Once at the Airstream plant, the technicians at the company's service center hooked the Canyon up to a 22-foot shiny aluminum bullet, the Sport 22FB single-axle "Bambi" style camper. Empty, but equipped with a full load of liquefied petroleum gas, it weighed just more than 3,600 pounds. We added 20 gallons of fresh water and the potential for twice that in gray and black water tanks, plus luggage and provisions for the weekend, and that brought the trailer to nearly 4,000 pounds. The pickup itself probably weighed in just under 5000 pounds, and then adding in my own considerable frame and additional supplies, the combined truck and trailer tipped the scales right around 9000 pounds. It must be said: The techs at Airstream did a phenomenal job hooking the trailer to the Canyon. The truck dropped only 1/8-inch at the front wheels and just a 1/4-inch at the rear, which is just about dead level in my book.

Loaded Up and Truckin'

After a few practice stops to adjust the Canyon's integrated trailer-brake controller, I rolled eastbound across Ohio, down around Columbus and east on Interstate 70 toward Pennsylvania. The terrain in this part of eastern Ohio is dead flat, which gave me the chance to test how well the Canyon cruises with a big, albeit streamlined, load dragging it down. Pushing the switch for the Canyon's Tow/Haul mode and setting the cruise control at 70 mph made the entire episode completely uneventful — the Canyon tracks straight and steady, and the plentiful torque from the diesel engine makes acceleration a breeze.

The Canyon's brakes also made short work of stopping the combination, even given the occasional absent-minded "Pokemon Go" playing driver who cut us off in traffic. The Canyon handled crosswinds without any drama, the only funny business coming when passing or being passed by an 18-wheeler. That caused a bit of suction to draw the pickup and trailer in closer as the semitrucks passed. The only issue that could have been addressed with some aftermarket parts was improving visibility — seeing rearward requires some larger tow mirrors, perhaps the kind that strap onto the existing side mirrors. But flat-land towing is easy, it doesn't take a monster motor or specialized rig to do it. The bigger challenge would be West Virginia and Pennsylvania.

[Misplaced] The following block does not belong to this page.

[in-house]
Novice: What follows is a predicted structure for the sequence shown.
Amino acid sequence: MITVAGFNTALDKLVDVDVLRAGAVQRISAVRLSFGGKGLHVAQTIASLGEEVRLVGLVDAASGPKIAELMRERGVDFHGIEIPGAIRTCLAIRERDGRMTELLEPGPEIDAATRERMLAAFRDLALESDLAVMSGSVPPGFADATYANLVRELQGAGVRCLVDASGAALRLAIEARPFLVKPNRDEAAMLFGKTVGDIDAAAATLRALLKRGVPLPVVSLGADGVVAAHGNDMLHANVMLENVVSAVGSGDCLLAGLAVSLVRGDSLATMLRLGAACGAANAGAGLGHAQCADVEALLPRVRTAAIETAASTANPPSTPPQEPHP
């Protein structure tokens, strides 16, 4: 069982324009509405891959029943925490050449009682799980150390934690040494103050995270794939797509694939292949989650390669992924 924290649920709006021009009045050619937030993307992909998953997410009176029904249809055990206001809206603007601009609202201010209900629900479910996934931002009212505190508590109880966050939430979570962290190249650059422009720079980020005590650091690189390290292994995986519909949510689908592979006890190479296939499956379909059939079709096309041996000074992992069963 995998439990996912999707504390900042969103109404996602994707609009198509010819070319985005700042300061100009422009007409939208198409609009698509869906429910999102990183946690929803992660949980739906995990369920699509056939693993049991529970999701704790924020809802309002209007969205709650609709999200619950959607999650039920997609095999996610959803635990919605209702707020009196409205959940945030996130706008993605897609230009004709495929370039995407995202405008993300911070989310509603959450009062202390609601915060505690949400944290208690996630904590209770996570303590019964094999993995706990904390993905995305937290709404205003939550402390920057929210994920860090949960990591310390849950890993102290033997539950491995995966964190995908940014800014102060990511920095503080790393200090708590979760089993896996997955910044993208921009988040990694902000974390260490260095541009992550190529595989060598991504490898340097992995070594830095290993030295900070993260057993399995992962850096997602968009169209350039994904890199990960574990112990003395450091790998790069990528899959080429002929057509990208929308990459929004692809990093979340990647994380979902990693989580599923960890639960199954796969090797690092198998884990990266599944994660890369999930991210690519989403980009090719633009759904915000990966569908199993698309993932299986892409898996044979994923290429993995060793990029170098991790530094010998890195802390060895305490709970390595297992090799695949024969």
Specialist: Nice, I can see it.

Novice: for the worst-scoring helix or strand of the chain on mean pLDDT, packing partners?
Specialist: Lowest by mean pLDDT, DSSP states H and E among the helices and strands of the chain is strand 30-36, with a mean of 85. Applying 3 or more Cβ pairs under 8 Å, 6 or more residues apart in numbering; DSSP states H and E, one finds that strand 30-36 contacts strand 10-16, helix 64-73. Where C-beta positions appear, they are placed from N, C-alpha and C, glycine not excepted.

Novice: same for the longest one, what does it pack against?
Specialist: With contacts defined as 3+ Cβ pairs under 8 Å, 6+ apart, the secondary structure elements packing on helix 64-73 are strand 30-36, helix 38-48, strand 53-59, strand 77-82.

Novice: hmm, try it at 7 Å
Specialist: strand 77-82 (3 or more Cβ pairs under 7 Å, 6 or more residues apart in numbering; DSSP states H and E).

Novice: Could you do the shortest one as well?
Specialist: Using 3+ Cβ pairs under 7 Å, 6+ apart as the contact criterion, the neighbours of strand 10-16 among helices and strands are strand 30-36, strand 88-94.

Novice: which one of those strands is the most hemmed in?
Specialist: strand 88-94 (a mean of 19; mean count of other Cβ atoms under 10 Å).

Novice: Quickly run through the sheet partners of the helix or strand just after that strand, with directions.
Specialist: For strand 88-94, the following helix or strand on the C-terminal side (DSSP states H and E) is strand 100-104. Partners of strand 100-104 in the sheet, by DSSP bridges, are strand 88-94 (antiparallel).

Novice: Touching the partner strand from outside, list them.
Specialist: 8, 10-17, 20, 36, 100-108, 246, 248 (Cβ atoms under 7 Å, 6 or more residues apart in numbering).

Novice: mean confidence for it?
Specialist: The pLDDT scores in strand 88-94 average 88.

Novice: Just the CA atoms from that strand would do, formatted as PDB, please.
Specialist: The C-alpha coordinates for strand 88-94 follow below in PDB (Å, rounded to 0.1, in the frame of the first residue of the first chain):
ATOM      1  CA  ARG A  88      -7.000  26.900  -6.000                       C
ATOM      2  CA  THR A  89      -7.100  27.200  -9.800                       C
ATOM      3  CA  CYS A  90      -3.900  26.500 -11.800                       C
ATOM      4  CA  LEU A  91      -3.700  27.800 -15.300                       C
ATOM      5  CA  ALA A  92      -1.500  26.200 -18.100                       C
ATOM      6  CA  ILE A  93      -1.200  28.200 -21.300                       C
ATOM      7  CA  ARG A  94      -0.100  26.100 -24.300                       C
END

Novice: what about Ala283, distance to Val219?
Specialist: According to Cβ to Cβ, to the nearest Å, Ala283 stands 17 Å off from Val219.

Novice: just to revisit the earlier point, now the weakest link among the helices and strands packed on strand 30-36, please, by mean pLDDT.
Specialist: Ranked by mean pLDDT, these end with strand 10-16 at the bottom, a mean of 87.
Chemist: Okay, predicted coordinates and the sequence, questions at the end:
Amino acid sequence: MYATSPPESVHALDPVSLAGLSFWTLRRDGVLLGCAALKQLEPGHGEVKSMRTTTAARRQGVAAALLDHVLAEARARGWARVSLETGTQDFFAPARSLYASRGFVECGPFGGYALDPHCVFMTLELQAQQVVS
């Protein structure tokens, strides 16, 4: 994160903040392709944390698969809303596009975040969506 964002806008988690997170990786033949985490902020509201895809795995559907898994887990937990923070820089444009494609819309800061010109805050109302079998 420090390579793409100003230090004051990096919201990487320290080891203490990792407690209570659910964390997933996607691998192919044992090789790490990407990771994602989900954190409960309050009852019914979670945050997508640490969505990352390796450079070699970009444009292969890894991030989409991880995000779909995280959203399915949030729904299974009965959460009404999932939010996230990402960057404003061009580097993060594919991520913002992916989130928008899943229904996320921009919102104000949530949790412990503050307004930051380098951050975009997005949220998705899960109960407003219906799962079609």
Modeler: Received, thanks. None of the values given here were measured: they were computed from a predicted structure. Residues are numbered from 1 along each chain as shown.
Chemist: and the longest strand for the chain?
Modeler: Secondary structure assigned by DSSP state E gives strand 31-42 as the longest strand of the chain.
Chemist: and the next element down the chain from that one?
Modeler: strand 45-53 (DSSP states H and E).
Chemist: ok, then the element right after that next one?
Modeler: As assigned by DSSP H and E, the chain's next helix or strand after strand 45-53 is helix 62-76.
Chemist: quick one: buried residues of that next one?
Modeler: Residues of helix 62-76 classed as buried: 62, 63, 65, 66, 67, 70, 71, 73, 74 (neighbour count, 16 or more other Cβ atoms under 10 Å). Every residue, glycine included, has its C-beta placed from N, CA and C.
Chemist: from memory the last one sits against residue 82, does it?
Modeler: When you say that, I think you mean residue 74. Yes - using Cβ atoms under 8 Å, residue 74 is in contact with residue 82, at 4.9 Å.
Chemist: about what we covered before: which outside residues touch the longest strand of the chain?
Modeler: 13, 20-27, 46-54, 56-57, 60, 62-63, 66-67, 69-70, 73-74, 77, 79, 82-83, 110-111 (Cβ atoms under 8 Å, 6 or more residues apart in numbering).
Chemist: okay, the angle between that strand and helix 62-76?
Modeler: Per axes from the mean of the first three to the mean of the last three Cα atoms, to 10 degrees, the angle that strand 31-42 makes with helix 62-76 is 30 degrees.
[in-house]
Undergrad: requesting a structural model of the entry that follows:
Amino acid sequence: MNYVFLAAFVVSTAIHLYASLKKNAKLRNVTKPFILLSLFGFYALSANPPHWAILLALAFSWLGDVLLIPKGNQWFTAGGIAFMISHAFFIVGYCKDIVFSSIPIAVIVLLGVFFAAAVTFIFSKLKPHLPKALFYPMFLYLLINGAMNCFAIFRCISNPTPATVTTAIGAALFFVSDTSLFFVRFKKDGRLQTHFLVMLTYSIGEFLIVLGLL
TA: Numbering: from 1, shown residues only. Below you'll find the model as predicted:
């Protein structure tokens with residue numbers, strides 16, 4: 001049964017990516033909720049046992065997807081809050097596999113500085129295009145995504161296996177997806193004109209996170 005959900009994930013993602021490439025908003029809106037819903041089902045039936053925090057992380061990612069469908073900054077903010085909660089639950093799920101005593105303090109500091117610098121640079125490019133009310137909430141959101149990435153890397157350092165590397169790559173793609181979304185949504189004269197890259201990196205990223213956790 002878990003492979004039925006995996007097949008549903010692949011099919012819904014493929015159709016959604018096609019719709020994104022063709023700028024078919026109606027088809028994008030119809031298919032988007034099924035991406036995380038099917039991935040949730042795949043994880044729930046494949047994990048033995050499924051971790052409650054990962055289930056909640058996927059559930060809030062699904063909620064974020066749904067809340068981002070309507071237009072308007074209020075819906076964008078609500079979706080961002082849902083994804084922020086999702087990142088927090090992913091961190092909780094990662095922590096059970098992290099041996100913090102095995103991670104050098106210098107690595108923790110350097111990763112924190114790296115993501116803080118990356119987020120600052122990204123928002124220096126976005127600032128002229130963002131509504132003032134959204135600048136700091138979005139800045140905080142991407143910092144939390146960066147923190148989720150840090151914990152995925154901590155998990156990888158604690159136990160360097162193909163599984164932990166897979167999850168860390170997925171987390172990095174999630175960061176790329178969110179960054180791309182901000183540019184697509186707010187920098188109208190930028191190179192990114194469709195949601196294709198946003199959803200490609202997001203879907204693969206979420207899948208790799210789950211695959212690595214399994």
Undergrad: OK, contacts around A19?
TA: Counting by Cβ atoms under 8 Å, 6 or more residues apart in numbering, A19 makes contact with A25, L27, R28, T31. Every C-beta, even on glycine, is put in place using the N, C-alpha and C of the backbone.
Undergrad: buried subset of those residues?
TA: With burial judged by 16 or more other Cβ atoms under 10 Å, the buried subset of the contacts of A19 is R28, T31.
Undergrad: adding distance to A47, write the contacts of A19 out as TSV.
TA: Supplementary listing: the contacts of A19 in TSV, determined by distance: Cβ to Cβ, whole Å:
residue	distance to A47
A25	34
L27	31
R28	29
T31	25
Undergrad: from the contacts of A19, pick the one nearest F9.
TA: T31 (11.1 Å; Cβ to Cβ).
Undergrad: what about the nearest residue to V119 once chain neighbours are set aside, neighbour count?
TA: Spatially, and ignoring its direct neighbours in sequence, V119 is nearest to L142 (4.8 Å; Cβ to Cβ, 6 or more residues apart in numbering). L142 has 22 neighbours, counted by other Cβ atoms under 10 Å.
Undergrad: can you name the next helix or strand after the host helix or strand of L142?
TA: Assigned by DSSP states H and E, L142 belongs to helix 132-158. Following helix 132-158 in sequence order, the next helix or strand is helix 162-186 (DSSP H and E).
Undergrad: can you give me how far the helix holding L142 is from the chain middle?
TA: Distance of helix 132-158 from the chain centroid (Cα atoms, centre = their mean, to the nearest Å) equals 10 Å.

Springsteen Country

Continuing on I-70 past Morristown, Ohio, put us in some hillier terrain as we approached the Ohio River Valley. This is where real testing of a towing rig happens — when you've got a long grade ahead of you, crazy semis blowing past at 80 mph or more to maintain momentum, and drivers gawping at the scenery that's gone from empty to exquisite in what seems like an eye blink.

Airstream Canyon 5 II

And here, too, the Duramax engine shines. Powering up long grades was no trouble at all. Only on rare occasions did I need to actually put my foot to the floor, and even on those steeper climbs, flooring the accelerator actually produced acceleration. There always seemed to be some torque in reserve when I needed it, and to my eyes, that is the mark of a good towing rig. The Canyon diesel never felt taxed, never felt stressed, never had any issue with the bulky travel trailer it was dragging. It also helps that the Sport 22 was perfectly sized for a towing rig of this type — anything much larger would likely have been a bit more unwieldy, and anything smaller wouldn't have provided any sort of challenge. One could probably go up another couple thousand pounds to a 26-foot dual-axle travel trailer and still not overwork the Canyon diesel.

Special mention should be made of the Duramax engine's exhaust brake — it's not manually engaged, as on larger diesel engines found in heavy-duty pickups. Instead, it's integrated into the Tow/Haul mode. And it works quite well — automatically engaging and slowing the truck-and-trailer assembly on downward grades and especially when coming to a slower speed stop, such as on highway off-ramps where a long, gradual deceleration can be performed.